Will S.F. Ever Get a Beer Truck Like Portland's?
Former SFoodie beer contributor Brian Yaeger recently moved to Portland, where he's combating instant-onset S.A.D. with ― you guessed it ― beer.
Brian Yaeger Brew truck Beervana launched this weekend at Portland's new D-Street Noshery food-cart pod.
Portland's pods ― those clusters of food carts that nourish so many lumberjack look-alikes ― sprout up across Bridgetown so frequently that they have bestowed Bridgetown with yet another nickname: Cartopia, well documented on SFoodie here,
here, here, and even in this new book here. There are reportedly 500 carts in all. Saturday marked the grand opening of another pod, the D-Street Noshery, in the Southeast Clinton neighborhood on Division Street at S.E. 32nd Avenue.
Home to nine distinct food carts ― each lists several vegetarian offerings (even the sustainable fish and meat truck offers farm-fresh eggs) ― the D-Street pod's marvel is the truck from Captured by Porches Brewing Co., a nod to Rose City's best nickname, Beervana. Dubbed a "mobile pubhaus" by Captured by Porches founders Dylan and Suzanne Goldsmith, fresh beer is poured from taps directly drilled into the side of a shortbus. The brewery is based in St. Helens, Ore., roughly 30 miles north of Portland, but they receive special permits to pour beer on-the-go, so to speak. Speaking of on-the-go, if you don't have a growler to refill, bring in any ol' Mason jar and they'll come up with a reasonable price for the fill. The idea is so brilliant and obvious, it's only a matter of time before others follow in their wake. Rogue Brewing is already rumored to be working on a similar concept.
Brian Yaeger Captured by Porches Brewing Co. calls the truck a "mobile pubhaus."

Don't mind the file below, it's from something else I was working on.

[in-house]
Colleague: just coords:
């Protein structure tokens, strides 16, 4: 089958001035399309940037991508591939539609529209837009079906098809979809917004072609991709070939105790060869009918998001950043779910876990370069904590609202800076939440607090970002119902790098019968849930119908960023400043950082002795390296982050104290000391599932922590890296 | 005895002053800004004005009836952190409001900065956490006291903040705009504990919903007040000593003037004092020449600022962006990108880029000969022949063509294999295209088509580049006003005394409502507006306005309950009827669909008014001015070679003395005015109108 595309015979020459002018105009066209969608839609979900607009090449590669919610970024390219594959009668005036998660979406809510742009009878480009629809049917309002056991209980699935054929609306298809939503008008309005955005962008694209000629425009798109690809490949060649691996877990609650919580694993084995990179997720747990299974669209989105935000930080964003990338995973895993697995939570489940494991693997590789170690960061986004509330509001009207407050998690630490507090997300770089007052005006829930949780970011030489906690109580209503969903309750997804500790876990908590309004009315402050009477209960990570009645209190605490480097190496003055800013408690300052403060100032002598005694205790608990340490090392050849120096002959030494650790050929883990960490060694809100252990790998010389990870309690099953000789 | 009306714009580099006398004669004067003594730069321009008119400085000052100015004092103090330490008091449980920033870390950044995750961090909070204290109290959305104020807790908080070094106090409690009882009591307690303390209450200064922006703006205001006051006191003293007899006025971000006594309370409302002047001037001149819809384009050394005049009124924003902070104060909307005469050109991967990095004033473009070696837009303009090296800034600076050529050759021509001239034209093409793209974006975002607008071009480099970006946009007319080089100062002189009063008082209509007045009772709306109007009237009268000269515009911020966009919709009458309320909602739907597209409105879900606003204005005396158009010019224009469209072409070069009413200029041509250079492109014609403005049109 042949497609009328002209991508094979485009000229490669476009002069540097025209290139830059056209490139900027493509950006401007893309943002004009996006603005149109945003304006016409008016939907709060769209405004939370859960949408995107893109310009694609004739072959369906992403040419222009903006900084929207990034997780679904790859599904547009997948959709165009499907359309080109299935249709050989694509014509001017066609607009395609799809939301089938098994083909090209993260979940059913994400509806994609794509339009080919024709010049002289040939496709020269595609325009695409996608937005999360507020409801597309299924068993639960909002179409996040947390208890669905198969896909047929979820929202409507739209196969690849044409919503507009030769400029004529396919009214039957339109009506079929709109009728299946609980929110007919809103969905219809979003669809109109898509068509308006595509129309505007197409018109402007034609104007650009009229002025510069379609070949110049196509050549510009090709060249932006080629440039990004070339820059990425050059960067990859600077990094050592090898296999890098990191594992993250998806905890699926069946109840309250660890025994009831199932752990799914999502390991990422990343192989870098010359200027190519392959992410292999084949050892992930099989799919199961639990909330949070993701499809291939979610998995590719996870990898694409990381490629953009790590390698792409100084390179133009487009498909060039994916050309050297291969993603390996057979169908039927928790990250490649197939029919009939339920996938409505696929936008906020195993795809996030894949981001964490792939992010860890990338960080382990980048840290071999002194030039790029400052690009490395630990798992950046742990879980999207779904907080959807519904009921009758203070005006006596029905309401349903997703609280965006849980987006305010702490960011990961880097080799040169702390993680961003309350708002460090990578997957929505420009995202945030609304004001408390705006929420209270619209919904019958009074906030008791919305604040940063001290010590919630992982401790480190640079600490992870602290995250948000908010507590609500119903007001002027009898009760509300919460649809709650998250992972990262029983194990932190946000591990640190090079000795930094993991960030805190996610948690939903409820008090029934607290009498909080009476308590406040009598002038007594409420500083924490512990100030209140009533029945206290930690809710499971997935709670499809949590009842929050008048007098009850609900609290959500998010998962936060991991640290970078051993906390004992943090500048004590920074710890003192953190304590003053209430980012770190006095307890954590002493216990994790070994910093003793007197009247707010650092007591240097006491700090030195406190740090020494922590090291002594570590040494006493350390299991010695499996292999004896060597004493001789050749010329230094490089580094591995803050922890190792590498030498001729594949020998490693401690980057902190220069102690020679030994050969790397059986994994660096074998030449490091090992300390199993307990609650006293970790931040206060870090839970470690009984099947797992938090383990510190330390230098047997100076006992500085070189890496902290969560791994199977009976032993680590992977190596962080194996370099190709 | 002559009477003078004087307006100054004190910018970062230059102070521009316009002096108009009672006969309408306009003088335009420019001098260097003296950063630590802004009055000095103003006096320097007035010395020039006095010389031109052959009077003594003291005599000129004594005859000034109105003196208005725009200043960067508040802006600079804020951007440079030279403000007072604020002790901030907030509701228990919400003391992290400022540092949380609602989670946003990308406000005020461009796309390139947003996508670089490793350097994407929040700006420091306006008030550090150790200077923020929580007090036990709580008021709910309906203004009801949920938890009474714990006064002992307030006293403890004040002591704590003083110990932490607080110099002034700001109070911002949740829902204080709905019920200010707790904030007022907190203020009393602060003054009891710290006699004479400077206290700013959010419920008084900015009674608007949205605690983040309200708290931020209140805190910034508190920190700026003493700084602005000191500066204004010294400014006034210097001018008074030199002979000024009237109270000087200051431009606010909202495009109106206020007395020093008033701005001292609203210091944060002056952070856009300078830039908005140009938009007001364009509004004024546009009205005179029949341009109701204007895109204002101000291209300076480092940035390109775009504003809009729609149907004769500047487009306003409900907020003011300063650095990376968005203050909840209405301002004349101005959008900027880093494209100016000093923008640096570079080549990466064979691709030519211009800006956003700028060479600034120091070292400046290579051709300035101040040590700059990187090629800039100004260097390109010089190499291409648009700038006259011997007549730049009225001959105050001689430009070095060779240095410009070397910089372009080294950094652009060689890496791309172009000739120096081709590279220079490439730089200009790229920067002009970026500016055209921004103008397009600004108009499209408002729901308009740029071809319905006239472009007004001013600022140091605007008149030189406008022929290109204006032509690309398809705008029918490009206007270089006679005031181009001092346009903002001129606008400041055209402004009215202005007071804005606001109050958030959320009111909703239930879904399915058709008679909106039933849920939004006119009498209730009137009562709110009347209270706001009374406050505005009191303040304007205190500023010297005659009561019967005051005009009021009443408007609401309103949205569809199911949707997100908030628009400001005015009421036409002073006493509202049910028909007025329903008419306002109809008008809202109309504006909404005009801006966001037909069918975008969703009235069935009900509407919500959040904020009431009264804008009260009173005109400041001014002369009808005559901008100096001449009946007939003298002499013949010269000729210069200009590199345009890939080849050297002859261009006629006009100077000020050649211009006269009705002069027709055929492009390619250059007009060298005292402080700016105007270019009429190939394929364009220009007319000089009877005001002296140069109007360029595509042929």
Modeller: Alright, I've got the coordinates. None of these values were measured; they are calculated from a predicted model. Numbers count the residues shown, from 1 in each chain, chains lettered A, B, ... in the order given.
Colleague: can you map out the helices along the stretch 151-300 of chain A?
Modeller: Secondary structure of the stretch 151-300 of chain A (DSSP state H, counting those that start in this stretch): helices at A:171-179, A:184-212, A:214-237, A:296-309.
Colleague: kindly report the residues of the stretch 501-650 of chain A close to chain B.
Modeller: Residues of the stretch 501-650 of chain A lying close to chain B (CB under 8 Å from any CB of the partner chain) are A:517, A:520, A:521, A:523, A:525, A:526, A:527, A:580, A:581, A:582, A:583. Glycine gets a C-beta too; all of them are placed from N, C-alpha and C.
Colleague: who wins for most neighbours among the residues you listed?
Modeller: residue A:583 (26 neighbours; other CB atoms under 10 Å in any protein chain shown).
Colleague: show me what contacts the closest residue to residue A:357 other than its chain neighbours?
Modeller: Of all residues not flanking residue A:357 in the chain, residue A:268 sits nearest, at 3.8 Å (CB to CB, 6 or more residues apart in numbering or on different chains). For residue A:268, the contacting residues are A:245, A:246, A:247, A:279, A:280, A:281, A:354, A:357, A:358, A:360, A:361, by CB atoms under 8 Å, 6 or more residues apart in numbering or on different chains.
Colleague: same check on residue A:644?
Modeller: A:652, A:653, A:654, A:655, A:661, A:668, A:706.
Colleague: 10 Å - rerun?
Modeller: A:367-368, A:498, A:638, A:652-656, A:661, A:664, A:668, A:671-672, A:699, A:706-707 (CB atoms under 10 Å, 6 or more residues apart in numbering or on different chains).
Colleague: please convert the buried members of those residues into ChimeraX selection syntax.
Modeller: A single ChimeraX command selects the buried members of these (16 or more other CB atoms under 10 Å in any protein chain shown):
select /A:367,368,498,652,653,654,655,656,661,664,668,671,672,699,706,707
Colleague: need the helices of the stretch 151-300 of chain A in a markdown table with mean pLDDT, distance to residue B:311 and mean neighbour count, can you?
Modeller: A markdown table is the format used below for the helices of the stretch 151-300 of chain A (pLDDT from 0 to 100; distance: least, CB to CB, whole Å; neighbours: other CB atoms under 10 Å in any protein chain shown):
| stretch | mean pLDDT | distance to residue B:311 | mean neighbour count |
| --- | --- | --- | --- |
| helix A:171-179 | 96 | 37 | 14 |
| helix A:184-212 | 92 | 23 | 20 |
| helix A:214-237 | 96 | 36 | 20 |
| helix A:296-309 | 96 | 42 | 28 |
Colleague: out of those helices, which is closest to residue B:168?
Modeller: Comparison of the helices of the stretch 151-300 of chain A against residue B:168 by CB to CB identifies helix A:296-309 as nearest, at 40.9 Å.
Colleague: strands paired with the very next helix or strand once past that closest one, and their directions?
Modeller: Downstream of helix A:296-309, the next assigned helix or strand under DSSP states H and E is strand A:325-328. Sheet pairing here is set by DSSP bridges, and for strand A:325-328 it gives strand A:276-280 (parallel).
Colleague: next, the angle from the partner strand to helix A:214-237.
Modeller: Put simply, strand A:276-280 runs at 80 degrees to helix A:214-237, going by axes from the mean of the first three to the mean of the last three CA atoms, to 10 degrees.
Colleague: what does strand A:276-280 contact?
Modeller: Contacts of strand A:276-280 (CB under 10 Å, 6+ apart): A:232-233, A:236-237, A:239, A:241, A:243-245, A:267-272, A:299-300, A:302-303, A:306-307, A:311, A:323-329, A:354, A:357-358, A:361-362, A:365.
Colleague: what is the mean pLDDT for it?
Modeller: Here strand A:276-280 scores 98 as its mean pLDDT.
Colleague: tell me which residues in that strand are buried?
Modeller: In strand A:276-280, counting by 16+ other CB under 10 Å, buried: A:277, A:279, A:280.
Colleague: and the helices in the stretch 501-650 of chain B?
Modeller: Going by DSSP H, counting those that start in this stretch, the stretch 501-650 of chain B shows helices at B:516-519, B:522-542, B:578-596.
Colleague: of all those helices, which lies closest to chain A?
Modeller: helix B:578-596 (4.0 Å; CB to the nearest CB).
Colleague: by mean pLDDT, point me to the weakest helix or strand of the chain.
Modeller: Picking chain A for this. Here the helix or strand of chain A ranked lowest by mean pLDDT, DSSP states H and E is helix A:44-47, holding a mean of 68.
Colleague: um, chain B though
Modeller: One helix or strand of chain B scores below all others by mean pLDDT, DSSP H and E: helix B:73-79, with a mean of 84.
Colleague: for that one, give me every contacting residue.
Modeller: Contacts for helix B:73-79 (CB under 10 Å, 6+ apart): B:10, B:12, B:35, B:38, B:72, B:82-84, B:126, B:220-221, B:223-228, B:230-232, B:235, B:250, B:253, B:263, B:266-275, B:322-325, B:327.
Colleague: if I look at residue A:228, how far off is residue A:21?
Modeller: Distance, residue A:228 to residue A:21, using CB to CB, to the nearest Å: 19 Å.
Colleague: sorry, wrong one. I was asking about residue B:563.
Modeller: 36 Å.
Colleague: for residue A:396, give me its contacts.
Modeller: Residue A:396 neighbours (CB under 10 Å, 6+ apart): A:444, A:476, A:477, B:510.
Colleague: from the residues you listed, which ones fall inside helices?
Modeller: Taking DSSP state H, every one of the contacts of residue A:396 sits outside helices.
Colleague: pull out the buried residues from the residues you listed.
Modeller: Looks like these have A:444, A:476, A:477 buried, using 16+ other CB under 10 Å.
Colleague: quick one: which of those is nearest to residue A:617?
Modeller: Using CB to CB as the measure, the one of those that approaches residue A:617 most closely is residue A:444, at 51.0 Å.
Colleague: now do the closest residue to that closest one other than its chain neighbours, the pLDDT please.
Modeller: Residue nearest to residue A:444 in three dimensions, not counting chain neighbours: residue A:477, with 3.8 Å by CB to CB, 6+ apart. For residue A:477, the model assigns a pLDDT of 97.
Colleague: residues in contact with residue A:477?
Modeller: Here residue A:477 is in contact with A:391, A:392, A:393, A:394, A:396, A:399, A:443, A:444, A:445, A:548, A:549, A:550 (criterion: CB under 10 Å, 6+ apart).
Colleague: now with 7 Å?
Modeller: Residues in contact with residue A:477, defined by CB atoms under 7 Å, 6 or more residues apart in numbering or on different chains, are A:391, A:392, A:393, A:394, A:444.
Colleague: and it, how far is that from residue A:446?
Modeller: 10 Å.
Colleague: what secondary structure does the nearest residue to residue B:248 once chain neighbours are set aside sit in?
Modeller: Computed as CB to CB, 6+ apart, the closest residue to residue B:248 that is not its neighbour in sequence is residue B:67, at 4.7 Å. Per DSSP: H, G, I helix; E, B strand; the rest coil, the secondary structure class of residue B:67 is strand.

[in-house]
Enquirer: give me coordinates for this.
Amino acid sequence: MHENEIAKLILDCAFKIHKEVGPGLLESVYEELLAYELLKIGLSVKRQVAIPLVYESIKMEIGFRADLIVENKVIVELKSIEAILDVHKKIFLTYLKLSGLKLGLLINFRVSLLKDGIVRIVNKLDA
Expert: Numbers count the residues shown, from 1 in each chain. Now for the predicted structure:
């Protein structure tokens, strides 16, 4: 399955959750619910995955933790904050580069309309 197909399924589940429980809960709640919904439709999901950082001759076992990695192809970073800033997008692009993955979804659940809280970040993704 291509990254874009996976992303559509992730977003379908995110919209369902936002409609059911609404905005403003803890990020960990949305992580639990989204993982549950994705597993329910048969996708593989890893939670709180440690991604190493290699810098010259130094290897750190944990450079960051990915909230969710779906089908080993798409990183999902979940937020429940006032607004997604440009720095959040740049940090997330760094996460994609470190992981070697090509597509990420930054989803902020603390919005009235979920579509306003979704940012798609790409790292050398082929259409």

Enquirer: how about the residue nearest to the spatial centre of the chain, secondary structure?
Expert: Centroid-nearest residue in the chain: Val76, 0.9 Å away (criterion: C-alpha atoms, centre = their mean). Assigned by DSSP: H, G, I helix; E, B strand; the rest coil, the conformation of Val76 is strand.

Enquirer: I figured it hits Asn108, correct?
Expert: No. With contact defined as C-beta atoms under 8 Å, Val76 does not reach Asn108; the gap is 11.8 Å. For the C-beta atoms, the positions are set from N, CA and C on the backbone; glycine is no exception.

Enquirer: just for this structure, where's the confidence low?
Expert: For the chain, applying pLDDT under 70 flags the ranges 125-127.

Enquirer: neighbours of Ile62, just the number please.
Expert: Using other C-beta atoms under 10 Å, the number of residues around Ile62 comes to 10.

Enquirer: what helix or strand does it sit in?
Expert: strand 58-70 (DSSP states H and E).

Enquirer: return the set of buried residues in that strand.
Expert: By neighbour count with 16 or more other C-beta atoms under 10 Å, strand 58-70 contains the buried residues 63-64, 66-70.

From one of the five taps actually flowed draft ginger-quince kombucha, and because of their license, it can be legally served over 0.5% ABV. CbP's flagship Invasive Species IPA seemed to be the biggest hit at the rainy day (surprise!) grand opening. We leaned slightly in favor of the Yggdrasil Imperial Pale. A maltier, more balanced beer that could be said to be more IPA-like than the hay-flavored IPA (and at 7.8% ABV, 1 1/2 percent higher in alcohol), it was a great accompaniment to our green chile chicken arepa from the Fuego de Lotus cart (the wife didn't take our hint about trying the pork belly in red chile maple sauce arepa instead) as well as our other grub from Awesome Cone. Chef Gus describes his creations thusly: "They're waffle cones! But instead of boring, old ice cream, they're filled with food. Hot, delicious food."
Brian Yaeger What goes best with beer from a truck? Waffles from the Awesome Cone truck, of course.
When he slapped a "sold out" piece of masking tape over the chicken and dumpling cone as we approached the order window, we opted for the pig cone ― pulled pork with tangy slaw. Alas, the mac 'n' cheese cart was dark. Luckily, the Pie Spot wasn't similarly empty, so we left noshing a three-bite-sized "pie hole" filled with s'mores.